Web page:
. odd jeople are some of thesagprinters, and
| full of fancies, but as a rule sober, quiet,
. decent members of society. The time has
. gone by when to be a printer it was also nec
essary to be thoroughly familiar with the
| various brands of liquor at the all night sa
! loons or to put in the day at the poker table
- after a vight at the “case.” The ‘“bum”
| printer has no place in Chicago offices today.
‘There has been a revolution, aud without
| any crusade a temperance reform has swept
away such of the old timers as had not sue
i cumbed to earlier excesses, and it is so well
t recognized that sobriety is essential to secur
i ing and holdin: situations th:t few nowa
iStanley B
s i
And Has ~ Electrfied The World
| By the announcement ~ ofs
| return to civilization. his adventure
‘amd discoverics have been grand, won
| derful, marvelous. The world has seen
nothiug like them before, His thrilling
adventures, marvelous discoveres, der
ng exploits, astounding privations,
wonderful ‘trip across the Dark Conti
nent, How he found Emin Bey-Every
lthing willl be included, from his first
_entrance into Africa to the present
Every body wants thed new ~
‘GENUINE ~ STANLEY BOOK!
bEAUI |
From Stanley’s own writing and dis
patbhes: Over 400 of the greatest and |}
most wonderful new Engravings and
olored plates ever seen in 1n & book
of trabels . It hus been eagerly awaited,
and will be more sought after, make
more money for the agent and make
it casier than any issue for the past 50
years. i -
; : & Old snd un-,
GAUT' ON! rcliable Sta
| els are being published. Do not be de
| ceived by old book rebashes and bat
‘ tered plates. We announce this to pro
| tist our wgents and the pubiic egainst
| the numerous, worthless socalledStan
| ley book—-all of which are simply old
Lbooks that have been in use for years
|and are now being offered as new
| books, with a few pages of now matter
| added
{Agents Wanted Everywhere
| Teachers Young Men and Ladies, Min
| isters Farmers, Mechanics and Clerks
| can easily make from &5 to $25 per
| day. No expcrience required. Canvass
E ing out now ready. Send immeeiately
'| for illustrated circulars and terms free
| or ty secure an agency at once. send
: $1 for the outfit and yo ushall be serv
, i ed. Money rafunded if noy satisfac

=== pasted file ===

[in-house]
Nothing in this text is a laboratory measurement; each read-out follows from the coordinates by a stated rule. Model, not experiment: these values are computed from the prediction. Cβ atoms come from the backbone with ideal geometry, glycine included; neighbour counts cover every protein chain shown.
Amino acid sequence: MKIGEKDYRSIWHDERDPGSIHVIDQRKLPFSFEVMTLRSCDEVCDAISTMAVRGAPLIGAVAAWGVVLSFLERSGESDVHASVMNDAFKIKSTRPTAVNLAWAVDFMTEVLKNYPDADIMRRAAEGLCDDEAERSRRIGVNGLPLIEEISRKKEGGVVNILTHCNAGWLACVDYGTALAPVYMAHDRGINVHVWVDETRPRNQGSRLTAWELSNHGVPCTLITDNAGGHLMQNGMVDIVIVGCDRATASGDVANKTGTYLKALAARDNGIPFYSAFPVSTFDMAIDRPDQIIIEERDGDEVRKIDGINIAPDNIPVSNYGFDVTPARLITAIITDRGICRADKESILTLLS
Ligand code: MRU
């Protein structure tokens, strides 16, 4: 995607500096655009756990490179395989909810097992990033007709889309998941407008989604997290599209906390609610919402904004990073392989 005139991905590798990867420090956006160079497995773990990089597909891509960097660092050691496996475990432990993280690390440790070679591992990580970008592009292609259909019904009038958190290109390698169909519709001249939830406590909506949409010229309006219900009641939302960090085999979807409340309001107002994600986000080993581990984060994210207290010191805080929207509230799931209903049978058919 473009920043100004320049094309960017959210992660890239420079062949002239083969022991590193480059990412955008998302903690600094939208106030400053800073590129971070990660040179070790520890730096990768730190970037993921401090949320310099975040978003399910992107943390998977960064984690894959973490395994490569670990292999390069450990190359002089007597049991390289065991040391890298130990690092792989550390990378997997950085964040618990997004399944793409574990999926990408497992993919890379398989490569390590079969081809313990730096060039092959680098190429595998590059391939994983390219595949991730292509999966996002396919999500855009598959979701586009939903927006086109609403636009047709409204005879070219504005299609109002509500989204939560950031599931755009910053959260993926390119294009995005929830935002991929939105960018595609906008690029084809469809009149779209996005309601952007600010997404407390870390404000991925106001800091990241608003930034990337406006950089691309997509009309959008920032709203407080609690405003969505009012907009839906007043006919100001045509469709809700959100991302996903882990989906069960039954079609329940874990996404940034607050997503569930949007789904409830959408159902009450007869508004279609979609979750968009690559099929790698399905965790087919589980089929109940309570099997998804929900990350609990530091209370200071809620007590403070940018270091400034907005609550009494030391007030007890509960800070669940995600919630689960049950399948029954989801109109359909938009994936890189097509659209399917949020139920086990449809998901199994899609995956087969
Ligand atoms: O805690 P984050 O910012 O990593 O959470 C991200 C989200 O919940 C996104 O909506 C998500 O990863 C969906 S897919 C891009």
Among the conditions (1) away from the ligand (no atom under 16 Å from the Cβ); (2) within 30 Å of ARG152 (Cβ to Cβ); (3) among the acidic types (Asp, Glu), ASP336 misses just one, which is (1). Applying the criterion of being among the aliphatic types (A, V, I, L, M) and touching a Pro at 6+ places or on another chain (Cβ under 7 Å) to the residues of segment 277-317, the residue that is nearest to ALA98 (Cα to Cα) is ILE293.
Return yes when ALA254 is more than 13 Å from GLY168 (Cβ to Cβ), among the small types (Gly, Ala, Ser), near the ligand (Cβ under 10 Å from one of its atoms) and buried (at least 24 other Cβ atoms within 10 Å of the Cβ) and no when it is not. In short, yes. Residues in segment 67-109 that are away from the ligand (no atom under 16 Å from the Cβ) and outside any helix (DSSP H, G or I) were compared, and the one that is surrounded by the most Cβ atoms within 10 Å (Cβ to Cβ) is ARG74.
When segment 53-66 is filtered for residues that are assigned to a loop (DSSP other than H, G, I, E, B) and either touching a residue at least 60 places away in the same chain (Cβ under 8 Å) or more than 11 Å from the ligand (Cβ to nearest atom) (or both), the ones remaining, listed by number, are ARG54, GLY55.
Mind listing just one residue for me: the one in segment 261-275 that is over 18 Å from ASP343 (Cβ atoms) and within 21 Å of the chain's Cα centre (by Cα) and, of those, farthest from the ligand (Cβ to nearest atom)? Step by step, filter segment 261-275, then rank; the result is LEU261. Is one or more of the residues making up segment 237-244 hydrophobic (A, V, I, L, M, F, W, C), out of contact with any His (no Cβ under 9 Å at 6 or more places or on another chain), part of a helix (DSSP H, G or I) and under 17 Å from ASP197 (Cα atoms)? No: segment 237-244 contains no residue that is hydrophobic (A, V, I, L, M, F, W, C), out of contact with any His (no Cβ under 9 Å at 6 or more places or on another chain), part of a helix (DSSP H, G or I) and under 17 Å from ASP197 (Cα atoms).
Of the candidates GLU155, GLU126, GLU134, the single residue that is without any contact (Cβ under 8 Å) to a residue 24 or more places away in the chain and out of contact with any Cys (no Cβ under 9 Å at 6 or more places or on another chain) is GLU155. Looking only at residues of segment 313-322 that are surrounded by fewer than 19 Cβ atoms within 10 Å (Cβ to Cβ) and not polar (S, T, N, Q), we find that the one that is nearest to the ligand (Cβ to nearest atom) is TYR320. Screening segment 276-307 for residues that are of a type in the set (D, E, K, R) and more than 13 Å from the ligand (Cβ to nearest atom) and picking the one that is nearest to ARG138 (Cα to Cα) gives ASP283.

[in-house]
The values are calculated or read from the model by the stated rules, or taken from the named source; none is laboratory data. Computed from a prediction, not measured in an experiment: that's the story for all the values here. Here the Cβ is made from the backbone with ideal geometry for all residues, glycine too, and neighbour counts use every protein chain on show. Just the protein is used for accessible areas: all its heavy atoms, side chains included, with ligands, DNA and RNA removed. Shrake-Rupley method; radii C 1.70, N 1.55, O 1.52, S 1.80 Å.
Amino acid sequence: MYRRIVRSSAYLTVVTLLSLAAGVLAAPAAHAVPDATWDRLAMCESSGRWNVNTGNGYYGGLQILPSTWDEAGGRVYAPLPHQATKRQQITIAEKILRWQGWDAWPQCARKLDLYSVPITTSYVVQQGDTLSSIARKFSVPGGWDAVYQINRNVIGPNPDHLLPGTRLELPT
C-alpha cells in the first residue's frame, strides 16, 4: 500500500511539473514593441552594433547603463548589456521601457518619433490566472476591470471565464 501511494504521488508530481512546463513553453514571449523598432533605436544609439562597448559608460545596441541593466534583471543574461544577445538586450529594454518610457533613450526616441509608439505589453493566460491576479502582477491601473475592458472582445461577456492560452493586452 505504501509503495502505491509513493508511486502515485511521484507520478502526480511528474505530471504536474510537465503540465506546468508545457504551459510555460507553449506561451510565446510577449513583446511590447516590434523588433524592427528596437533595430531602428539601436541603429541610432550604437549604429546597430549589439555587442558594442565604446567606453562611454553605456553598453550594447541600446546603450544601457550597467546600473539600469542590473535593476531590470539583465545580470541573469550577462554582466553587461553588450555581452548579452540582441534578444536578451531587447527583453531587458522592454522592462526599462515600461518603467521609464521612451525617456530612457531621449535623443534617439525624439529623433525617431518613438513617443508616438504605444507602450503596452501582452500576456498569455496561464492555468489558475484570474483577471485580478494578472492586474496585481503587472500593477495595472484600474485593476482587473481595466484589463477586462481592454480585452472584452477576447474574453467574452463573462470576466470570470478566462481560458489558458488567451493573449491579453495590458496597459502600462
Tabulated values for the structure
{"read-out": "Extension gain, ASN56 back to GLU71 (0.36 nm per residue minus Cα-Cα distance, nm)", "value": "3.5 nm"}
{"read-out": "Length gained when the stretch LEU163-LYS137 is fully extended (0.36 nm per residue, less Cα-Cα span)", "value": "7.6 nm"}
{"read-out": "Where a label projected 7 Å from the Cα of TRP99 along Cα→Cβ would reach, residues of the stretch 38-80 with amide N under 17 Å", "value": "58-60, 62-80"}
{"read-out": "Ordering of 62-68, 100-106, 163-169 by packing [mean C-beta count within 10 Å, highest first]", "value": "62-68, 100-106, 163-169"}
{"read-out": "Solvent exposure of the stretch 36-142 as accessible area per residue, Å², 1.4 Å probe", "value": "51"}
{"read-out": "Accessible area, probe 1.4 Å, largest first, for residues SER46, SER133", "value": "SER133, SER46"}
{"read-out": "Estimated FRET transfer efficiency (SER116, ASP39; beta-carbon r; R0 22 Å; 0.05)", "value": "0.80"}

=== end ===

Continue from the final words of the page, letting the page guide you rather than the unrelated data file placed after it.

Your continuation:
: : tory .Address :
| THE HISTORY CO.,
123 L 36 3 Fruan, (<Cal
) .
' :‘ # e ]
; 10 - LADY AGENTS Wanted! ‘Gear:
. gmust ?opular and nfccvevufnl line ot
" | rer DAY woRZ e o ert Undergerment
- | LADIES 25257 150 ™ Valtable sampis
| mmmmmsmsuissam= Bent free CONDITIONALLY. Testimo
| ntals from agents that will convince any industrious
BN T, Re e
| Southwesiern othce of Chicago Smlalty Co., Chicago.
C.H. EDWARDS.
PIANOS
OUORGANS
Tas b 3 asl. Wos
Reliable Music #ouse in the
State of Texas.
409 Houston St. Ft., Worth
233 & 738 Mer St Dallas Tex
lUR NEW
iln3 Solid
=old Watch
Worth $100.090. Ben
Iwatch in the worid. Perfeet
timekeeper. Warranted heavy,
SOLID GOLD hunting cases.
oth ladies’ and gent's sizes,
with works and cases of
a%.ml value. ONE PERSON®
ach locality can aecure one
ee, together with our larme
'aluabl';;ine of ;ule hokll
. e ®Aa. ese samples, as well
VINANTES T 4 1e watch, are firee. All the work you
need do is to show what we send you to those who call—your
friends and neighbors and those about you—thataiways results
in valuable trade for us, which holds for years when once staried,
and thus we are repaid. We pay all express, freight, etc. Afler
you know all, if you would like to go to work for us, vou can
earn from 820 G to 880 per week and upwards. Address,
Ttimgo- & Co., FRox =2 FPortland. Maine.
Yes, we havemoved. ond ifwdmh ‘i
J
The famous V. A. Snyder’s preserves
and jam and jellies in bulks in 20,
and 3olbs at Turner and Dingee,s |
BT . L Lo R . %"_l %i A |
E»wuseh - Lil &oods,
Goods, sold on tnstallment plan
L. LACROUIX.
or, Main and 113t}
[he Inter Oeean”
Is Published Every Day of the Year, and is the ;
\ v :
LEADING REPUBLICAN PAPER OF THE NORTHWEST.
Price, exclusive of Sunday, by mall, BN Ll N yeoan
Prios, Sunday included, by mail, poszpaig. 10.p0%:y-t
B R b A
THE SEMIL-WEEKLY INTER OCEAN.
$s published on MONDAYS and THURSDAYS, and besides the news condensed from We
Daily, it contains many special features of great value to those so situated that they can ned
secure the Daily every day. The Monday issue contains the sermons printed in The Duily
Imter Ocean of the same date.
THE WEEKLY INTER OCEAN.
Is the Most Popular Family Newspaper published West of the Allezhany Mount
ains. It owes its popularity to the tact that it is the BEST ELC=TED and has the HIGE
EST LITERARY CHARACTER of any Western Puh. %72 It is CLEAN aad